Where are the satellites, Samsung?
Emergency off-the-grid communication felt like a sure thing for the S23 lineup. So where is it?
When Qualcomm announced its Snapdragon Satellite tech that will let Android phone makers compete with Apple’s Emergency SOS via satellite, I was almost certain we’d see the feature on Samsung’s then-upcoming S23 phones.
I mean, why wouldn’t we? Qualcomm said the feature would be available this year for phones using its Snapdragon 8 Gen 2 processor, and Samsung is launching the first big Android flagship of 2023 with that processor — surely, it’ll build in this potentially life-saving functionality, like analysts have been predicting for months.
And then Samsung’s Unpacked event came and went, with no mention of satellite messaging at all, and CNET posted an interview with TM Roh, president and head of Samsung’s mobile experience business, where he says this about the tech: “when there is the right timing, infrastructure and the technology [is] ready, then of course for Samsung Galaxy, for our mobile division, we would also actively consider adopting this feature as well.”
I’m sorry, what universe am I in? Samsung, which has a storied history of cramming its phones full of features as soon as possible, is saying “we’ll wait until the tech is ready,” while iPhone users are already using it. (Okay, technically, a similar version of it; Qualcomm’s tech will use the Iridium satellite network, while Apple’s partnered with Globalstar. There are differences, but they both enable you to send messages when you’re not near a cell tower.)
Roh continued, saying that he doesn’t believe being able to message via satellites “is the end-all or be-all of the solutions to ensure peace of mind among users.”
This feels like a very strange take to me. Sure, there are absolutely limits to satellite connectivity; it gets a lot more sketchy if you’re surrounded by trees, which is, you know, where a lot of outdoor recreation happens, and the information you send can be quite limited.
And even if you’re standing under an open sky, sending a message may require doing a bit of a dance to get your phone pointed at a satellite — something that’d be difficult if you were having a serious medical emergency. But there are also plenty of emergency situations where those limitations wouldn’t be a concern and where the tech could genuinely save someone’s life.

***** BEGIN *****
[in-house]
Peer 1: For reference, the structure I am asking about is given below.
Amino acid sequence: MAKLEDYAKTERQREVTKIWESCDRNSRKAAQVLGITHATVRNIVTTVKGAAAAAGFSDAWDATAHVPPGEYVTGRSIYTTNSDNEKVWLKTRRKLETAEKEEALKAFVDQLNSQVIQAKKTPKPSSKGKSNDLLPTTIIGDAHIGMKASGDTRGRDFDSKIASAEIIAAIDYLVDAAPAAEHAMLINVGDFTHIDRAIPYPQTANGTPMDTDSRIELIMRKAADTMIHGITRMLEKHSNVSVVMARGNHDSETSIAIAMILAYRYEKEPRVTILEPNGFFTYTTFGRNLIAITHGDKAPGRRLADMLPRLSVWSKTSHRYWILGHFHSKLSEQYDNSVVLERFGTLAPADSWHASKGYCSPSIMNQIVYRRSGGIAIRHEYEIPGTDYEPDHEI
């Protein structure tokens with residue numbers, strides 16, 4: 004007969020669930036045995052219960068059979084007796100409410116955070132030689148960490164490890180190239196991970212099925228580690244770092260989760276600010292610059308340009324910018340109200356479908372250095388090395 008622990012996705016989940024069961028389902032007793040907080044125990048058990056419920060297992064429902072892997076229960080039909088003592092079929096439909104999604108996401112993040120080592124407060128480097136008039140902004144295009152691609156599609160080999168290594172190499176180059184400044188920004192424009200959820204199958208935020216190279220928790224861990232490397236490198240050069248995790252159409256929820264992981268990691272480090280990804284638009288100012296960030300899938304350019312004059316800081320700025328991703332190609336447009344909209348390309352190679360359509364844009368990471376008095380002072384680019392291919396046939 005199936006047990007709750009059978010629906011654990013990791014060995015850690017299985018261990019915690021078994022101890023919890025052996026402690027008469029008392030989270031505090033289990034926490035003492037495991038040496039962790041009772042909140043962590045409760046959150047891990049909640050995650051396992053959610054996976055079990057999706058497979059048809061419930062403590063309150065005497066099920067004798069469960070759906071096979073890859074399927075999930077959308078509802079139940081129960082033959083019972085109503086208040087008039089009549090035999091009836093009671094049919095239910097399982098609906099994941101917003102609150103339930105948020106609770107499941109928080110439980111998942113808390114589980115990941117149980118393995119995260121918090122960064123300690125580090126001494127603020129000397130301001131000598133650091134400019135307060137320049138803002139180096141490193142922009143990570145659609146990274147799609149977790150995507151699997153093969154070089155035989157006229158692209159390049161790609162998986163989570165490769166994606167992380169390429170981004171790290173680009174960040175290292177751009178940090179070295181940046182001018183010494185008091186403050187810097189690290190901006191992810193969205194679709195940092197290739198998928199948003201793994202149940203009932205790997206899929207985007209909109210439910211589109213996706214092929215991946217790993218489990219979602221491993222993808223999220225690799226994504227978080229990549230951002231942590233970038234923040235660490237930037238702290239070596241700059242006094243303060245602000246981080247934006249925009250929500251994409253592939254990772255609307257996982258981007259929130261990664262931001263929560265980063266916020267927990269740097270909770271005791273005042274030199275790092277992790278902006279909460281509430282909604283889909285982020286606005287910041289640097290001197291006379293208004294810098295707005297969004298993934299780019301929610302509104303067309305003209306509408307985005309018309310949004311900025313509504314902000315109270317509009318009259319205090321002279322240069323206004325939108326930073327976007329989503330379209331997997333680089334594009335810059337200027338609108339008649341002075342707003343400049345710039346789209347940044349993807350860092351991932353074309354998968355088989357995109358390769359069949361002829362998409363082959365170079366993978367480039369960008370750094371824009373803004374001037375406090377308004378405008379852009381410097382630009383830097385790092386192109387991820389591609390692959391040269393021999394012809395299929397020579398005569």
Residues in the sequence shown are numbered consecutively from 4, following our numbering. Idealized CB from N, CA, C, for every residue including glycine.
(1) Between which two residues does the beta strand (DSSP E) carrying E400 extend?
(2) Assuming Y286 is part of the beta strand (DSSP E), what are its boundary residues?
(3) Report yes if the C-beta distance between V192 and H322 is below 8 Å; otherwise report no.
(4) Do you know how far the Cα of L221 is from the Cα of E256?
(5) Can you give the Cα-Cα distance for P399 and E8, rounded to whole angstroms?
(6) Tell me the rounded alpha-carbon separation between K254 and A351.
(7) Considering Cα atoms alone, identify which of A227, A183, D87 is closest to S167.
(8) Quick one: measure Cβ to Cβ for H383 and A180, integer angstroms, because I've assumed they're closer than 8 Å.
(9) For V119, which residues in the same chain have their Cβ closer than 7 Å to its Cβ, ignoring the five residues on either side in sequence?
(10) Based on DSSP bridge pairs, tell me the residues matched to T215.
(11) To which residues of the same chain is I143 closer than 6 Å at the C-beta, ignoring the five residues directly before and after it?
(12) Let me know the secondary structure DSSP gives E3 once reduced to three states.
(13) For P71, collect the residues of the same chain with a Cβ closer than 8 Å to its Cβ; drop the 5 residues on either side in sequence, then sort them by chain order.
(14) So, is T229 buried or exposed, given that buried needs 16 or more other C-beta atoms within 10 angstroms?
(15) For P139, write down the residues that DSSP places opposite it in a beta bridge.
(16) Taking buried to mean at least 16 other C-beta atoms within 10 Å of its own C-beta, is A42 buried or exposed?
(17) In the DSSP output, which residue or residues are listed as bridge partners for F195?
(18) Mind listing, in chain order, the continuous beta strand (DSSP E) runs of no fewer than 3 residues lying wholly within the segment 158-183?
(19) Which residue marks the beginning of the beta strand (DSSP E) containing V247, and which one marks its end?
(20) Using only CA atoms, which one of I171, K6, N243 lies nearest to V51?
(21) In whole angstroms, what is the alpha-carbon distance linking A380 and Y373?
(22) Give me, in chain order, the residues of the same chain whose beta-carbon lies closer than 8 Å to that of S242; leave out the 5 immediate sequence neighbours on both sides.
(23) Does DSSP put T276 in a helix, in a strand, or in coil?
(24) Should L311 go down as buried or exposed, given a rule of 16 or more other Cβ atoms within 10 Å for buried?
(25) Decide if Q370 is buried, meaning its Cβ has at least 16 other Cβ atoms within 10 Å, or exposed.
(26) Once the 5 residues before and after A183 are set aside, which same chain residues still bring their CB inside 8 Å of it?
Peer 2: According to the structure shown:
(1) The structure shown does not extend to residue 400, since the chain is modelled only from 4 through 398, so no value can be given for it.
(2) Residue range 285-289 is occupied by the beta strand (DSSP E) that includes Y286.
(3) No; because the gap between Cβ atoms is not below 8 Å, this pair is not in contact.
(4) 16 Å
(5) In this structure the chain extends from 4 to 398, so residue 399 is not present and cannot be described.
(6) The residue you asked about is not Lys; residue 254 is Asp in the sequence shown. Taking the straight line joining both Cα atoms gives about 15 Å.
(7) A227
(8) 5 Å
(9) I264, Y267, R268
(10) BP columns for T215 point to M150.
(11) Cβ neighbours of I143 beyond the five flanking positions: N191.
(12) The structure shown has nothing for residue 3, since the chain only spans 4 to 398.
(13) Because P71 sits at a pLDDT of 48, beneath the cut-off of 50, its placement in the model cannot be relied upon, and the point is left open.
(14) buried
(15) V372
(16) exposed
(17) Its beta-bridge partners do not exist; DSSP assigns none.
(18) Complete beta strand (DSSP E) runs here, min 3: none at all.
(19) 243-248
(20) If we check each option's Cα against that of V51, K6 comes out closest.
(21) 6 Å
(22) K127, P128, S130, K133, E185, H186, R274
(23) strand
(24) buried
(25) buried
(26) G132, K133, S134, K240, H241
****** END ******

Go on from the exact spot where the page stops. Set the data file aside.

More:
Since the iPhone 14 launched, we’ve seen at least five people rescued after contacting emergency services via satellite, with each incident prompting a slew of news stories. Search and rescue operators have called the feature a game-changer. It’s hard to imagine any ad campaign more effective than the coverage Apple is getting, and Samsung is just… not competing here.
Remember Apple’s three-minute “Dear Apple” video from last fall’s event? It feels certain that the company will line up a similar reel for its next mobile event, featuring people who had satellite connectivity save the day. It just doesn’t feel like Samsung to cede any ground, no matter how rare an occurrence is required. And I don’t think people talking about how they were able to take a picture with the Ultra’s 200MP camera, or how their S23’s battery lasts a little longer than the S22’s did, will make for a very compelling video.
I realize I may be over-indexed on how much the general population cares about off-the-grid communication as someone who both covers connectivity for a living and spends a lot of time away from cell coverage doing dangerous things. (That last part was a joke, mom.) But I do think this feature is going to be a notable absence on spec sheet comparisons, especially if other Android phones start releasing with Qualcomm’s tech, which it said should be launching in the second half of 2023.
I realize that might seem like an obvious explanation for why the S23 seemingly can’t talk to satellites; Samsung didn’t include the feature because it’s not ready yet. But as far as I can tell, Qualcomm’s making use of hardware that’s available today, so Samsung could’ve built that in and said that satellite messaging would be coming via a software update later this year. (I’ve asked Qualcomm if that’s possible and will let you know if I hear back.)
Also, remember, Roh didn’t say that Samsung couldn’t build it in — he more or less said that it just wasn’t interested right now. That’d be a strange response if the tech truly isn’t available yet.
Even if Snapdragon Satellite is never available on the S23, there is a chance the phones will be able to talk to satellites in the future. Companies like T-Mobile, SpaceX, AST, and Lynk are promising satellite connectivity that uses normal 5G spectrum rather than dedicated hardware like Apple and Qualcomm’s solutions. While those likely won’t be commercially available for a while, it does at least mean that more people could be able to get the word out in future emergency situations. But Samsung is trying to sell phones now, and it just gave some of its biggest competitors a distinct advantage.